A Chinese restaurant has put up a huge banner to celebrate the fact that the United States and Japan have been hit by the novel coronavirus.
The red banner was placed in front of the restaurant yesterday and read: ‘Huge congratulations to the American epidemic and long live the epidemic in little Japan.’
The owner of the local restaurant franchise in north-eastern China’s Shenyang has been sacked after the company faced backlash on social media.
The restaurant owner, known by their surname Hui, installed the banner – without alerting the head office beforehand – as an attempt to attract customers, said the franchise, Mama Yang, in a statement.
The food chain said the controversial sign was taken down within two hours and Hui had been detained by local police for further investigation. ‘We are deeply sorry for the negative societal effect it has caused,’ the statement continued.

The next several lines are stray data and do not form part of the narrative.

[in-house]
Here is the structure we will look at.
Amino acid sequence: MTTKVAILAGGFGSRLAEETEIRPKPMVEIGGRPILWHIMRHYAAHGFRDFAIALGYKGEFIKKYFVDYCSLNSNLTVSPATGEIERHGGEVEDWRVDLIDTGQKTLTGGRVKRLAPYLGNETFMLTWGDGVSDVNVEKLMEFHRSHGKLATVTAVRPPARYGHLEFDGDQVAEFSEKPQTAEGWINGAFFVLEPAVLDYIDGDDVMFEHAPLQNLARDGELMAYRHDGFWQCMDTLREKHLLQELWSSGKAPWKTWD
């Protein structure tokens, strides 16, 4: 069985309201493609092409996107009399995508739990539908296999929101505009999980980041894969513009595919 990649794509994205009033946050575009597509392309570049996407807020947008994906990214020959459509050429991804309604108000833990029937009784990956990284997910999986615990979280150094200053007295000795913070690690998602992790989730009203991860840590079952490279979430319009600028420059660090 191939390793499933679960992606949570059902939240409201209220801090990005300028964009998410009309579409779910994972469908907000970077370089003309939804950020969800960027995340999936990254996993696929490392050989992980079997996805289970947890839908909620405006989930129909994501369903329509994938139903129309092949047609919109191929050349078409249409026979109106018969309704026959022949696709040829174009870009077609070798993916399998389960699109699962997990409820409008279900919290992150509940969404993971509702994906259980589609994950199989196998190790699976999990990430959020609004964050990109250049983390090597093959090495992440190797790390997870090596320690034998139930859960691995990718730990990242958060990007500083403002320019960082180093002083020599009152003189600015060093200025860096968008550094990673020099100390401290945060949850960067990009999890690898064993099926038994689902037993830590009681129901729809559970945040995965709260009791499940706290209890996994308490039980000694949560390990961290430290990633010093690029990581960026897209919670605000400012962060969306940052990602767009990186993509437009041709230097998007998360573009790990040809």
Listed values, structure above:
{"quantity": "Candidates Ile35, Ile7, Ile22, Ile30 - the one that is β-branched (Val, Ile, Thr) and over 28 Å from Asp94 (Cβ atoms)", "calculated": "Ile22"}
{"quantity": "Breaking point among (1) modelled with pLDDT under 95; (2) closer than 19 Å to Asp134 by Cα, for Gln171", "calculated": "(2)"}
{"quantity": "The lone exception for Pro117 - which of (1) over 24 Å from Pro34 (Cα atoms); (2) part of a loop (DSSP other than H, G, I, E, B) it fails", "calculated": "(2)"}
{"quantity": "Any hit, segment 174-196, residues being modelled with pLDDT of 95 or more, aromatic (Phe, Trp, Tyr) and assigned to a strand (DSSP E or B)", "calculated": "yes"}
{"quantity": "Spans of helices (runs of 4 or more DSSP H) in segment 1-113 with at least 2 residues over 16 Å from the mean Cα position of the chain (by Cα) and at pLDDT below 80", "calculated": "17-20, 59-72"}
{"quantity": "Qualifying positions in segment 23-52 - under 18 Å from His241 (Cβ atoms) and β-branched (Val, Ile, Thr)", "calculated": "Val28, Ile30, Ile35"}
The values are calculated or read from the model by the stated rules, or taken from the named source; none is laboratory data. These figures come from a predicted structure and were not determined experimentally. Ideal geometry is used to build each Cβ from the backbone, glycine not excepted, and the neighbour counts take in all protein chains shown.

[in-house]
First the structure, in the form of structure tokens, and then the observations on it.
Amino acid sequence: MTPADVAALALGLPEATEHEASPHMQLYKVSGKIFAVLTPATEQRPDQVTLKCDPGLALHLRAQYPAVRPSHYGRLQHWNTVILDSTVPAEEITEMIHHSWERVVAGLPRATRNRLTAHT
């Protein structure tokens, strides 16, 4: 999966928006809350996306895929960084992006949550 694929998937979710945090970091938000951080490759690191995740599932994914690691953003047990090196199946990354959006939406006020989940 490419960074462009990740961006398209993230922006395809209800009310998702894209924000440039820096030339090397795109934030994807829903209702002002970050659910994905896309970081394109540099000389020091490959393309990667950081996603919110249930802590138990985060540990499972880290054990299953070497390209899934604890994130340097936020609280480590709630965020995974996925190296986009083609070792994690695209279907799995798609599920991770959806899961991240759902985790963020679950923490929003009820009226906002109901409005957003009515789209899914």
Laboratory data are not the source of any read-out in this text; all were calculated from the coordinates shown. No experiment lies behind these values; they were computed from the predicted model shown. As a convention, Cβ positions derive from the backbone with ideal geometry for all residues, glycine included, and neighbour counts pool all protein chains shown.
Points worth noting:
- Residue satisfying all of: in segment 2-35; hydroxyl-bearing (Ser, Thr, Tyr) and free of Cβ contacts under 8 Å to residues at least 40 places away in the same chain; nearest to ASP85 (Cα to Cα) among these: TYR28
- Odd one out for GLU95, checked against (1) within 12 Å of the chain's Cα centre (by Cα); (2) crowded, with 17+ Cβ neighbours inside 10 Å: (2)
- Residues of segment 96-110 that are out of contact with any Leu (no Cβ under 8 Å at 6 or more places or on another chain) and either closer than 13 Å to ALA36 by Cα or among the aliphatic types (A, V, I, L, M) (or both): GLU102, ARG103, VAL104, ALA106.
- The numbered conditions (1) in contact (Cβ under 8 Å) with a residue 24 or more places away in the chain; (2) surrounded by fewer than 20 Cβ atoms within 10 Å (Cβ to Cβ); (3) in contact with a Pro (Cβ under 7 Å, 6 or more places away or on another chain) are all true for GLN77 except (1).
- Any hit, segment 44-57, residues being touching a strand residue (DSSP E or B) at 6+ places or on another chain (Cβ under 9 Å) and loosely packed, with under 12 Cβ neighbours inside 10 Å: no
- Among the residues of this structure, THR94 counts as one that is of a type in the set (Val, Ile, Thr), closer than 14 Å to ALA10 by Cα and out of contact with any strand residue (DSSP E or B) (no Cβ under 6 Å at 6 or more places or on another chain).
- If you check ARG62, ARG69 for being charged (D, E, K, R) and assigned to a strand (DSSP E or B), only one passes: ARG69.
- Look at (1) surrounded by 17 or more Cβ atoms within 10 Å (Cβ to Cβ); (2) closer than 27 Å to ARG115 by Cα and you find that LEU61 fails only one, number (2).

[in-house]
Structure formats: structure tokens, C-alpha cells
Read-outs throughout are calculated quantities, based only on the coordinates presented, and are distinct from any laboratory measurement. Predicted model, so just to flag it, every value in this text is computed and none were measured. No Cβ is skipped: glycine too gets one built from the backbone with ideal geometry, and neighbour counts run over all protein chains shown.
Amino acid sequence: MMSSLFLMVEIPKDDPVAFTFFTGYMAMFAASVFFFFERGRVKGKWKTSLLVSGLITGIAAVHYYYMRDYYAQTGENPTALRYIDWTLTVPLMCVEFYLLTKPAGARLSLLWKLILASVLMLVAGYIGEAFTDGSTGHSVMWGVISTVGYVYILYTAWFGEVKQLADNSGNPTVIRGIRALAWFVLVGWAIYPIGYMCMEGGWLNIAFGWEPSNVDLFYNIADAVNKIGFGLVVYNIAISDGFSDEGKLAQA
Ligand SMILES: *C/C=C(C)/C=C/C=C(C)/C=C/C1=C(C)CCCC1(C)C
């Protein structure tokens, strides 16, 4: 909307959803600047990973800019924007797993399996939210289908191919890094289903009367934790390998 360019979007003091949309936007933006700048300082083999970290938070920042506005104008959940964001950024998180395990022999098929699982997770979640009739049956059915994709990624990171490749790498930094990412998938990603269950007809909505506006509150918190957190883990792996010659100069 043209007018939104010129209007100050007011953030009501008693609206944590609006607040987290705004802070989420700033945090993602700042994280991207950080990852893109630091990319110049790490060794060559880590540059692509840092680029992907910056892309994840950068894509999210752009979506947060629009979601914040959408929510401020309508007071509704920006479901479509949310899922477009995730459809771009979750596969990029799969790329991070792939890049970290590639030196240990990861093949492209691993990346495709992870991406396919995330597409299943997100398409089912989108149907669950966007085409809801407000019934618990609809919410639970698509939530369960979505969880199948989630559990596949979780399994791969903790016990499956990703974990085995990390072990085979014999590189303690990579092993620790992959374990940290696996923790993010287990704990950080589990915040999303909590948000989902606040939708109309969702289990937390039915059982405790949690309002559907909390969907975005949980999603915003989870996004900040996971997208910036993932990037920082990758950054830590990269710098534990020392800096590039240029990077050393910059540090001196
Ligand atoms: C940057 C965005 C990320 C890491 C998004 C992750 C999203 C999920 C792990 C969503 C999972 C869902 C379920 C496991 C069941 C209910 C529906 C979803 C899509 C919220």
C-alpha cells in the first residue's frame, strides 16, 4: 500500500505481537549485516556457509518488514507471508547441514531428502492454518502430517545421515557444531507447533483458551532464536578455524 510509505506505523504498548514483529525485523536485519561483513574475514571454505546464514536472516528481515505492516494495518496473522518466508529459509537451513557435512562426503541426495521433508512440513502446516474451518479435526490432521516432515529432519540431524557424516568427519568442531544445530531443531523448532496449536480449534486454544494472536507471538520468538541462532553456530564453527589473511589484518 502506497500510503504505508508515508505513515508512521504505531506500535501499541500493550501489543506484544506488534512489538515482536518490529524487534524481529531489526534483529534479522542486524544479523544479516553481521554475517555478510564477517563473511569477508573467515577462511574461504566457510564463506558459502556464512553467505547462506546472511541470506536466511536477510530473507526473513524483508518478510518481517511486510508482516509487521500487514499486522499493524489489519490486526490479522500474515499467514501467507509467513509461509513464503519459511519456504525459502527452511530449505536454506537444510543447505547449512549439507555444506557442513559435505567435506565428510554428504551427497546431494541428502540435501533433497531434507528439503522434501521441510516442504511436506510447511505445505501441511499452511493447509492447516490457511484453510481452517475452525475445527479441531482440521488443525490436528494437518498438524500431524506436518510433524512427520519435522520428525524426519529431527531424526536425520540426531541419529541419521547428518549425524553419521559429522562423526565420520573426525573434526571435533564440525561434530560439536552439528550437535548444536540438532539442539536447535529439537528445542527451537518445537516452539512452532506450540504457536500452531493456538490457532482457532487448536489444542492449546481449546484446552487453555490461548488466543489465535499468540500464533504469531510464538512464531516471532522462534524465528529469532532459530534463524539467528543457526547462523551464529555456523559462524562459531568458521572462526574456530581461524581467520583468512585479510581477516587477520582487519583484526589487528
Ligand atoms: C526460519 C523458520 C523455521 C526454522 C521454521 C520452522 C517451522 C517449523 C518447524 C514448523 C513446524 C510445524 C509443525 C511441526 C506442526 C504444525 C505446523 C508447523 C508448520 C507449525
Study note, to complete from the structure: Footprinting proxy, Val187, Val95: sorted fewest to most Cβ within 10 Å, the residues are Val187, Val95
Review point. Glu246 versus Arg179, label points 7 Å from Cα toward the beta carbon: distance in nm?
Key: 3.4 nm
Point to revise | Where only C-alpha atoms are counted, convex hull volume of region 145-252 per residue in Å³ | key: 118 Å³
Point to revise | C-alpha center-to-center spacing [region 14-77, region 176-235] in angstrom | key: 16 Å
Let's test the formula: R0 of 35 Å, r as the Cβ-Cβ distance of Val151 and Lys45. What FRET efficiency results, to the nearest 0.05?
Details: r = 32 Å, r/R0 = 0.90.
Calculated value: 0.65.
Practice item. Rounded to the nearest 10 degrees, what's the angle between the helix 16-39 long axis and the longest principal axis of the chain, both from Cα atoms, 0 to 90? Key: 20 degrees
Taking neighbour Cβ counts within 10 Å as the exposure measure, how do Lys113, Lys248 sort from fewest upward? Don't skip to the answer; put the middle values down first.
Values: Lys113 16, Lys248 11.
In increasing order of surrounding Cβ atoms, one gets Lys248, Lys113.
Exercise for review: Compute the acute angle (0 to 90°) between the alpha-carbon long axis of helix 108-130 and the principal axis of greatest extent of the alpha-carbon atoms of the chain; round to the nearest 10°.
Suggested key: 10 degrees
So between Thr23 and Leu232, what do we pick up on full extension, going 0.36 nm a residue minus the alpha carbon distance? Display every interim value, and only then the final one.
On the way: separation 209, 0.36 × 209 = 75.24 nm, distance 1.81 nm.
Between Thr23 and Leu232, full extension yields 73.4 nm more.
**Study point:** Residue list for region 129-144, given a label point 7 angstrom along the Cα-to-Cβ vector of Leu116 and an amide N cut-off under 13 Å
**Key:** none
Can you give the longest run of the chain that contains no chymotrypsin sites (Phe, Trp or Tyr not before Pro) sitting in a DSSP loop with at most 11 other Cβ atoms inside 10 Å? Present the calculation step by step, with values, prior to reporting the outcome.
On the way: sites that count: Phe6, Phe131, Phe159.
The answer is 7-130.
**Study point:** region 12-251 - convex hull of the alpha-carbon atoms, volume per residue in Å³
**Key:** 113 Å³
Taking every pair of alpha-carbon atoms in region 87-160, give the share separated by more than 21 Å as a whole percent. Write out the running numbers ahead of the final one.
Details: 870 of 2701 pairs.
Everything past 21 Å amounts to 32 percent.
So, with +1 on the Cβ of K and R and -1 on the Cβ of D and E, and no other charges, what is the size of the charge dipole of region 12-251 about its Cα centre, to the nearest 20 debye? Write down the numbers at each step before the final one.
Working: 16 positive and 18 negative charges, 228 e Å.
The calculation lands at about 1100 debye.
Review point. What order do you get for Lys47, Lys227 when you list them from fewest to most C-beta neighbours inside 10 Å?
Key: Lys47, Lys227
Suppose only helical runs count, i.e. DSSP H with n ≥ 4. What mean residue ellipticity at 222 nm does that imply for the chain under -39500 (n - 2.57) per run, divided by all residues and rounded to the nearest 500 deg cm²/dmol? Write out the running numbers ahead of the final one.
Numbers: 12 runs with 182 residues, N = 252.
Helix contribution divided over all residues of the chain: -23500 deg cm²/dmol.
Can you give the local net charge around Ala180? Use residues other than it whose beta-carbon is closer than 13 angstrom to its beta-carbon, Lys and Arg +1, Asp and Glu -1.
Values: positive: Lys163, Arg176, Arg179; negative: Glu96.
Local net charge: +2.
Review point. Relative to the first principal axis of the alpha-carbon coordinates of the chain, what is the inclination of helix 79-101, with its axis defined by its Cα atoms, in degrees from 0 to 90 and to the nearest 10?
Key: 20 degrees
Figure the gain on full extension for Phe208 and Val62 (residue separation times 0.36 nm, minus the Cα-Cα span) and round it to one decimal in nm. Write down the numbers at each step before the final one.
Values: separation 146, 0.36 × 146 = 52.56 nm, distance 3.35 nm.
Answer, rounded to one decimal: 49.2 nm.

It has sparked outrage on Chinese social media after the Japanese press reported on the incident. ‘This is so, so embarrassing,’ one commenter wrote on the Chinese Twitter-like Weibo.
Another one said: ‘It represents a large number of Chinese people with narrow-minded nationalism.’
Anti-Japan sentiment has been deep-rooted among Chinese nationalists as territorial disputes and the Second World War grievances have marred the Japan-China relationship for decades.
The Japanese Imperial Army was responsible for the Nanjing Massacre in 1937, a campaign of rape, murder, and looting, in which an estimated 300,000 people died.
Japanese air strikes during the war also inflicted severe damage on Chinese civilians in Chongqing, killing an estimated 32,000 people.
Tensions between the two countries flared when the dispute over the Diaoyu or Senkaku Islands in the East China Sea inflamed nationalistic sentiment on both sides and impaired economic ties.
The novel coronavirus has infected over 82,000 people in China and the death toll has surpassed 3,200.
Worldwide, nearly 20,000 people have been killed by the contagion and around 430,000 people have been infected.